How “Monte men" became “Monte Boys”

Monte masculinity chart

The legendary group of vigilantes who rode out of El Monte, California during the 1850s are now commonly referred to as the Monte Boys, but this proper noun may not have appeared in print prior to 1930. That year saw the publication of Horace Bell’s second memoir, which was titled On the Old West Coast and edited by Lanier Bartlett, a Hollywood screenwriter who specialized in westerns. In the introduction, Bartlett described Bell as both an “iconoclast” and a “skilled caricaturist," an image-breaker as well as an image-maker who used the “weapons of irony, satire, or broad humor” to critique his contemporaries. Following Bell's lead, Bartlett used humor to cut the Monte men down to size. Explaining El Monte in an endnote, Bartlett wrote, “it was settled largely by rough-and-readies from Texas and the ‘El Monte Boys’ were long celebrated for their proclivity to seek out trouble and add to it.” Stripped of the “El” and the irony, however, the now widely used term “Monte Boys” suggests a level of organization and a youthful male innocence that does not fit the historical record.

Press coverage in the 1850s doesn't refer to them as “Monte Boys” or as members of any capitalized organization. They were the “men from the Monte,” the “citizens from the Monte,” or simply “the Monte men.” A militia called “the Monte Rangers” does pop up in state records in 1854, but, as was often the case in early California, the impetus for the Anglo men (and one Hispanic man) to form the militia was likely to obtain weapons from the state—40 rifled muskets, 40 Colt revolvers, and 40 cavalry sabers in the case of the Rangers. During a period of unrest in 1856 that followed the death of a Spanish-surnamed civilian at the hands of an Anglo lawman, the “men from the Monte” rode into Los Angeles to take part in a massive demonstration of white-male firepower. The Los Angeles Star reported that they came armed with 36 muskets, ostensibly the remnants of the 40 issued by the state, but the paper made no mention of the Monte Rangers as a unit.

Following the death of a Los Angeles Sheriff at the hands of Spanish-surnamed bandits in 1857, the Monte men mobilized again and, upon finding trouble, they added to it. They executed a suspect in San Gabriel before having a chance to question or even properly identify him, and then promptly returned to El Monte with his severed head. After 20 more suspects were rounded up in the Los Angeles jail, the Monte men rode into town expecting a hanging and were greatly disappointed when a judge convinced the crowd to allow for a little delay so that some of suspects could prove their innocence. Spanish-surnamed men eventually tracked down and captured the main bandit group, but they made the mistake of handing some of their prisoners over to the men from the Monte. These prisoners escaped into the night after untying each other's hands under a shared blanket.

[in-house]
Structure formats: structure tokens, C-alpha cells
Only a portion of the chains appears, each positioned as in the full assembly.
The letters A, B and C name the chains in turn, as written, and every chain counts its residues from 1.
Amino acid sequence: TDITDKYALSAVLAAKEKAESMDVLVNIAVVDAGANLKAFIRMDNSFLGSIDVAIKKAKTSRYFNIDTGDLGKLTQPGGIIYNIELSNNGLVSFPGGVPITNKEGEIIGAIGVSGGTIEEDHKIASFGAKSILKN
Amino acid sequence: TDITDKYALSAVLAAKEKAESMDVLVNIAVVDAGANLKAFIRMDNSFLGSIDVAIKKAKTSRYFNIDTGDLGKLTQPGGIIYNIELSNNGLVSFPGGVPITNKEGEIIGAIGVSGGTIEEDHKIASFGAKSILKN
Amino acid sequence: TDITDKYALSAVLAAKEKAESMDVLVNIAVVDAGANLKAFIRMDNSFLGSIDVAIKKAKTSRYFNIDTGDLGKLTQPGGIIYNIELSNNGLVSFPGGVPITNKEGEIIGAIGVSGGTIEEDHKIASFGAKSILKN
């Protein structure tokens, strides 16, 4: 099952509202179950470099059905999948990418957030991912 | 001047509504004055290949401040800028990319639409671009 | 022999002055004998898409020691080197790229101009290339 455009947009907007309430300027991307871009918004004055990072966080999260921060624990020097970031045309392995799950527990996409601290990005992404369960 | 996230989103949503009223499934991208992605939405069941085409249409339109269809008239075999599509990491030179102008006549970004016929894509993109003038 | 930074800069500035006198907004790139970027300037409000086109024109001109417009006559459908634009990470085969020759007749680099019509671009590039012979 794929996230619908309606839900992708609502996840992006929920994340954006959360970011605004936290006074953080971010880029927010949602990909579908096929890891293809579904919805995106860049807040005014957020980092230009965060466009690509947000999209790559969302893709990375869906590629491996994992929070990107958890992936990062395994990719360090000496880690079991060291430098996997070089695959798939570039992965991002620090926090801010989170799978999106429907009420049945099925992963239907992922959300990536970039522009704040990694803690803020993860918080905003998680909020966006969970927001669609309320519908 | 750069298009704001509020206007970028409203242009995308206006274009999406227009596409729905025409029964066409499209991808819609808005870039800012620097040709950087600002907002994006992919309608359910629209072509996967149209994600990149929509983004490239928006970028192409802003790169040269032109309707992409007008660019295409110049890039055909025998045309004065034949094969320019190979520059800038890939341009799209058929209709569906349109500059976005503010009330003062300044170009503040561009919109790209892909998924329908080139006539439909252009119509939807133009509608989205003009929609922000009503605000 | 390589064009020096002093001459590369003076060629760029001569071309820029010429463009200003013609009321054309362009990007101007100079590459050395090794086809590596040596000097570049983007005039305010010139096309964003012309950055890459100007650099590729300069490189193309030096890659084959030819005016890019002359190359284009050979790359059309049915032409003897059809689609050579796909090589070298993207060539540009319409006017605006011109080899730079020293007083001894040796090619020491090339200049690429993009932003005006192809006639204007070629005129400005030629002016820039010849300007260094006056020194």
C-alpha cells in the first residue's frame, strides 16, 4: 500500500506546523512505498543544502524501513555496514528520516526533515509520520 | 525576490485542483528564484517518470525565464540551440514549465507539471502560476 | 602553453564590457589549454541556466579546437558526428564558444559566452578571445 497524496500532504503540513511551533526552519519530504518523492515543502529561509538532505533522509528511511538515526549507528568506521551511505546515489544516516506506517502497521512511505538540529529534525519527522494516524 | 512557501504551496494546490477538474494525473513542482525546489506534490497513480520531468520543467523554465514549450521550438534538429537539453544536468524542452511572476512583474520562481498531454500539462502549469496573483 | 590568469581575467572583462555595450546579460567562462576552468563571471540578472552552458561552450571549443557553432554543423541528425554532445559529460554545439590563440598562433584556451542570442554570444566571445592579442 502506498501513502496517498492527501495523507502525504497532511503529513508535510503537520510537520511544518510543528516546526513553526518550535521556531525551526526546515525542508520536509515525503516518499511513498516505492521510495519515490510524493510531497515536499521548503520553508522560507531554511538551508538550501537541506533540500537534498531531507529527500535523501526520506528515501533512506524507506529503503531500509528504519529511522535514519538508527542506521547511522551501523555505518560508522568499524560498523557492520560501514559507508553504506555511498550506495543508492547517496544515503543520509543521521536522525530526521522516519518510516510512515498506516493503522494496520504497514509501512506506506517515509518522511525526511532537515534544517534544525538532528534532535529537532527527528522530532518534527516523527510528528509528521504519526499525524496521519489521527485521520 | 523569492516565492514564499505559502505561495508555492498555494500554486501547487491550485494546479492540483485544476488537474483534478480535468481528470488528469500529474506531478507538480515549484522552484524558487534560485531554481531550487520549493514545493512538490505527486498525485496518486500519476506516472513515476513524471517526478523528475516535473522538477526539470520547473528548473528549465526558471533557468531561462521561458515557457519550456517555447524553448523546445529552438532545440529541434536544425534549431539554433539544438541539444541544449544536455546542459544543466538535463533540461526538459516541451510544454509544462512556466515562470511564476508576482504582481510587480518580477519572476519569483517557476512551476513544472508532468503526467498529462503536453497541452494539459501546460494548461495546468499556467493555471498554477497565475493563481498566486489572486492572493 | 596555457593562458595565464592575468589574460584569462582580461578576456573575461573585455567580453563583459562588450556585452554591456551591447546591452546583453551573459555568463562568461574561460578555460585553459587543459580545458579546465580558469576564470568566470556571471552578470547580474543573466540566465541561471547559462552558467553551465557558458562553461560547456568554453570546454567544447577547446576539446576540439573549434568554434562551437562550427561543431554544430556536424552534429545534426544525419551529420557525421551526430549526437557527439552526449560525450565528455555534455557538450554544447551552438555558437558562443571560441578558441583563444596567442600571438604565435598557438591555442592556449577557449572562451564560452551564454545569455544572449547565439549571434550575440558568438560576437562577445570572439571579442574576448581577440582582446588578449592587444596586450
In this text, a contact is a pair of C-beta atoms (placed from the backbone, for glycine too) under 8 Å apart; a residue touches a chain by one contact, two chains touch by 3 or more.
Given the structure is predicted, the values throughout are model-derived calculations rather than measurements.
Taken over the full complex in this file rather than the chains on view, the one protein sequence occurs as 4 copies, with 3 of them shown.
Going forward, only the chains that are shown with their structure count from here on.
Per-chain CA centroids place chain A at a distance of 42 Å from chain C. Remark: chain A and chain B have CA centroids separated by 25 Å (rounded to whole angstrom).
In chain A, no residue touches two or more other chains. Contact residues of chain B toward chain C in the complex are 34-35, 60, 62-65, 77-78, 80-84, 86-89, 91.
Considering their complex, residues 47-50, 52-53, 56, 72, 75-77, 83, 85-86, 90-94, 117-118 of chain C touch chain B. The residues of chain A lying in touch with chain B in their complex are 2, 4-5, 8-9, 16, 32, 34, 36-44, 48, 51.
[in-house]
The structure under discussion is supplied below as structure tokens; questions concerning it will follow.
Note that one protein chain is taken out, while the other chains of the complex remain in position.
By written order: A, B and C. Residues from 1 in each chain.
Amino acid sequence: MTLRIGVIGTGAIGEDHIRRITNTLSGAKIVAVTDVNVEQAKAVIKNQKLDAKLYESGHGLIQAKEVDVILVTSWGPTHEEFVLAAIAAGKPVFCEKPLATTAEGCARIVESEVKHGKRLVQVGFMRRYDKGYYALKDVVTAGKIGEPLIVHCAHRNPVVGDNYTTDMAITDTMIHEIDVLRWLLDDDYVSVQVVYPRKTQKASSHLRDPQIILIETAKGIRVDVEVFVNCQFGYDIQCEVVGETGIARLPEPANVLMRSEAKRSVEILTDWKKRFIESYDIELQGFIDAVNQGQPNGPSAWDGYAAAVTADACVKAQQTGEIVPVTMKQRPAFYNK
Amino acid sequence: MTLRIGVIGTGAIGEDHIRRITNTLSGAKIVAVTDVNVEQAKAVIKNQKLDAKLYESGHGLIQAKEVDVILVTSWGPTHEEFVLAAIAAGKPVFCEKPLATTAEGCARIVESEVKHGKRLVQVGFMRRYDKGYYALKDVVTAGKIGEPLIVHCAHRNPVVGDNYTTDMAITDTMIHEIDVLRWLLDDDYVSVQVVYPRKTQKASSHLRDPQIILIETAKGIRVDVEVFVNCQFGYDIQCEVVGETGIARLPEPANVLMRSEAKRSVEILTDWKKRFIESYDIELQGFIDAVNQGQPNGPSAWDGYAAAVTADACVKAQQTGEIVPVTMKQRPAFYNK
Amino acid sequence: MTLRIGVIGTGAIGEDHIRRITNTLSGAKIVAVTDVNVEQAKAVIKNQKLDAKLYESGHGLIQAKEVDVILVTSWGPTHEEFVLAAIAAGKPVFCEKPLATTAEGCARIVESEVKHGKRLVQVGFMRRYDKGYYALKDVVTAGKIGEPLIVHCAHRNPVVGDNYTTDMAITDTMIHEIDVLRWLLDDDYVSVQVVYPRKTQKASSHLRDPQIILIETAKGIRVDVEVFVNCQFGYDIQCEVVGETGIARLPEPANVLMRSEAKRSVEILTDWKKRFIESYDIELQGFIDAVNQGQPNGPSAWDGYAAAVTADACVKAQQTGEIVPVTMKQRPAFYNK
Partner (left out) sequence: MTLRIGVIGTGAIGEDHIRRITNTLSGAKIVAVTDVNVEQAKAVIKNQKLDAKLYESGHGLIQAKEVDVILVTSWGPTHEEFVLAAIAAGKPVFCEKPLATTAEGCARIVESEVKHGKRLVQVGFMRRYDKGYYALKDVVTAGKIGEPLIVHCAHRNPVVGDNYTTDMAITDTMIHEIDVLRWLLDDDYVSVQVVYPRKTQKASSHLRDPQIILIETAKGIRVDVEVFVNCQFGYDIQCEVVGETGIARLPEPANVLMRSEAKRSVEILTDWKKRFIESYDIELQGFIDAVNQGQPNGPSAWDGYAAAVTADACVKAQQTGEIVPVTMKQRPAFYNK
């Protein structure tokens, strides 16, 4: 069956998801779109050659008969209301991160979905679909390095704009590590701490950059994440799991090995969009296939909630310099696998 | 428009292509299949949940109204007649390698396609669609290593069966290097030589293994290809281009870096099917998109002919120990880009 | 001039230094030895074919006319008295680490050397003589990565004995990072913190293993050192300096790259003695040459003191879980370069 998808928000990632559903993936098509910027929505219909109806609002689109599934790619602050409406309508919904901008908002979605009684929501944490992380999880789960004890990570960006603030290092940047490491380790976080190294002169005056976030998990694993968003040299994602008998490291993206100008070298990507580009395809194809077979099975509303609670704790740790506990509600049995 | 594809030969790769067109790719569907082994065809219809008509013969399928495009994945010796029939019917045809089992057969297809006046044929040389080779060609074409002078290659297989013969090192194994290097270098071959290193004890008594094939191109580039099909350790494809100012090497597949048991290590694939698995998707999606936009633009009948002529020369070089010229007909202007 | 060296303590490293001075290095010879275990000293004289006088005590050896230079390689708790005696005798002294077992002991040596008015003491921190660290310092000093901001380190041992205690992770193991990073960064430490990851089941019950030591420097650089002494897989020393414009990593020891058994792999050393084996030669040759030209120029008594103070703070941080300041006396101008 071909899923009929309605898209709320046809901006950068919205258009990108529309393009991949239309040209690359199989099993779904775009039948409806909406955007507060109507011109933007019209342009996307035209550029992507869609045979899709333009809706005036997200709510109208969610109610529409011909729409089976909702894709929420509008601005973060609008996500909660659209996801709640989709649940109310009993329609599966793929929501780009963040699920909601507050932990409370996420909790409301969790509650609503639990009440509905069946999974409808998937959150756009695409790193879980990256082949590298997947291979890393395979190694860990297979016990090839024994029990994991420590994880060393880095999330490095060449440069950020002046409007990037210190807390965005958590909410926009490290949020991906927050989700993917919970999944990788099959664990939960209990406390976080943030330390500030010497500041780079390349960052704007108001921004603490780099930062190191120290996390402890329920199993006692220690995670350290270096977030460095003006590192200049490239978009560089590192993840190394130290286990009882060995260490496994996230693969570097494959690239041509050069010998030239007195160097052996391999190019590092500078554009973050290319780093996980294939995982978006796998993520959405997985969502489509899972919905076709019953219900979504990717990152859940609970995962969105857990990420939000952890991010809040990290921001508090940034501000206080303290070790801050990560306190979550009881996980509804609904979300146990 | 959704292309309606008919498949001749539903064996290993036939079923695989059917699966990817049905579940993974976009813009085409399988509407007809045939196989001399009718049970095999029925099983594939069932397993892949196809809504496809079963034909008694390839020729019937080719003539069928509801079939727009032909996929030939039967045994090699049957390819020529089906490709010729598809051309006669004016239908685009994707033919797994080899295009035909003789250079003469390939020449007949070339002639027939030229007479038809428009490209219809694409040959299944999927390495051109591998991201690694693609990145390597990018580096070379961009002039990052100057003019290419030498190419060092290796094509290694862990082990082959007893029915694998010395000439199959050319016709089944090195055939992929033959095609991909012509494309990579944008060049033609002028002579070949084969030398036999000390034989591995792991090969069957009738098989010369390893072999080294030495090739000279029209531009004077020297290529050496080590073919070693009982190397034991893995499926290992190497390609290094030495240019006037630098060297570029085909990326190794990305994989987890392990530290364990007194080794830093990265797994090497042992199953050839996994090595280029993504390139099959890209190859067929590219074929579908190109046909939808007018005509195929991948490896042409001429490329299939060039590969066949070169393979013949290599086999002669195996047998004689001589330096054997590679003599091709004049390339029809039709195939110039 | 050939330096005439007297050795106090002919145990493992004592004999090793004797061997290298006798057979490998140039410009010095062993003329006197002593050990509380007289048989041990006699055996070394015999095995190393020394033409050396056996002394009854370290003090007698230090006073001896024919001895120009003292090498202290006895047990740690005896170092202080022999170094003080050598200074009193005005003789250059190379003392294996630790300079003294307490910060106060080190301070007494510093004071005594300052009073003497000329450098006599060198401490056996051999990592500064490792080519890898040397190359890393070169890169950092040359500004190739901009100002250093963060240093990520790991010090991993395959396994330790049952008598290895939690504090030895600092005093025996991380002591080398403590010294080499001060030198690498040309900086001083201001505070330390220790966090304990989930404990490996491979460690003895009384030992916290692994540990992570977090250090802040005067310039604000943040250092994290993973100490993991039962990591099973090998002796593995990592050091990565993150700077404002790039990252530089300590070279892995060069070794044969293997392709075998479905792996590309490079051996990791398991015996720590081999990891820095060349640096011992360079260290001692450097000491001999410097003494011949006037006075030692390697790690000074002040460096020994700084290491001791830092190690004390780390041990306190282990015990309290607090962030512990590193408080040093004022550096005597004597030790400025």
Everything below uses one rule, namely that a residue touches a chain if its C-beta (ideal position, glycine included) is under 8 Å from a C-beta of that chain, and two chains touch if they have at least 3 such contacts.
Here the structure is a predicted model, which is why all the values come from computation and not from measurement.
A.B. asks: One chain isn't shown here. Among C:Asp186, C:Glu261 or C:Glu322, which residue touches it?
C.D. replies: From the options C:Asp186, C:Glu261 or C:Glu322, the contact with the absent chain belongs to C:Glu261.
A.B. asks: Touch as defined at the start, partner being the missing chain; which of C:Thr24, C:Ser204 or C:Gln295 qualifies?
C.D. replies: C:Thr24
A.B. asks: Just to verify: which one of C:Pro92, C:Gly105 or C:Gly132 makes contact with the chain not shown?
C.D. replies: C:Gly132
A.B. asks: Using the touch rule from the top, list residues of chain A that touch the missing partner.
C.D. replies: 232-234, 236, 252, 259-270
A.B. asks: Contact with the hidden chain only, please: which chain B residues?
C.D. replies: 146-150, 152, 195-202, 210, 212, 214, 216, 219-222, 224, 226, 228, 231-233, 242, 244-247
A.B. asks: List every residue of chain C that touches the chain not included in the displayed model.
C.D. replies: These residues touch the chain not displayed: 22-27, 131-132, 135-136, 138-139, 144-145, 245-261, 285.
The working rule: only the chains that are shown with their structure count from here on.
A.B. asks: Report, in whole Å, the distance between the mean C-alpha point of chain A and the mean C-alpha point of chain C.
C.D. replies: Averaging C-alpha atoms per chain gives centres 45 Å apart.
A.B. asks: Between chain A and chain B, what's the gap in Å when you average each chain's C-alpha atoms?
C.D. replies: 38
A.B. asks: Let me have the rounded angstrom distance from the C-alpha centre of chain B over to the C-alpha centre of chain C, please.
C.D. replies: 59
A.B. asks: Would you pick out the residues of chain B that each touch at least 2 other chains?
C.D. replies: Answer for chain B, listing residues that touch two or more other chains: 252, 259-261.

The Monte men were essentially a well-armed mob on horseback that was vicious but not particularly effective at fighting crime. In the 1901 manuscript that would later be published as On the Old West Coast, Horace Bell described the Monte men’s reckless and violent social world. In El Monte, Bell wrote, “Lynchings were sort of interludes to pistol practice, shotgun exercises, and except for these, poker playing was a perpetual motion.” In his earlier memoir, published in 1881, Bell referred to the men as “Monte gringos”—gringo, he explained, meant “ignoramus.” Harris Newmark, a Prussian-born Jewish businessman and a long-time resident of LA,  stripped the Monte men of their manhood in his 1916 memoir by calling them the “El Monte boys.” Newmark sarcastically praised these “recognized disciplinarians” while noting their “peculiar public spirit.” Bartlett added to this sarcasm by capitalizing the name of the “long celebrated” vigilantes in 1930, but, today, “Monte Boys” is used in popular histories as a neutral or even positive label. By considering these evolving notions of Monte masculinity, we can see something of historical memory's malleability as well as its power to rehabilitate even the most notorious and ineffective vigilantes.

To learn more about the men from the Monte, read the article that I co-wrote with Karen Wilson: "Here Come the Monte Boys"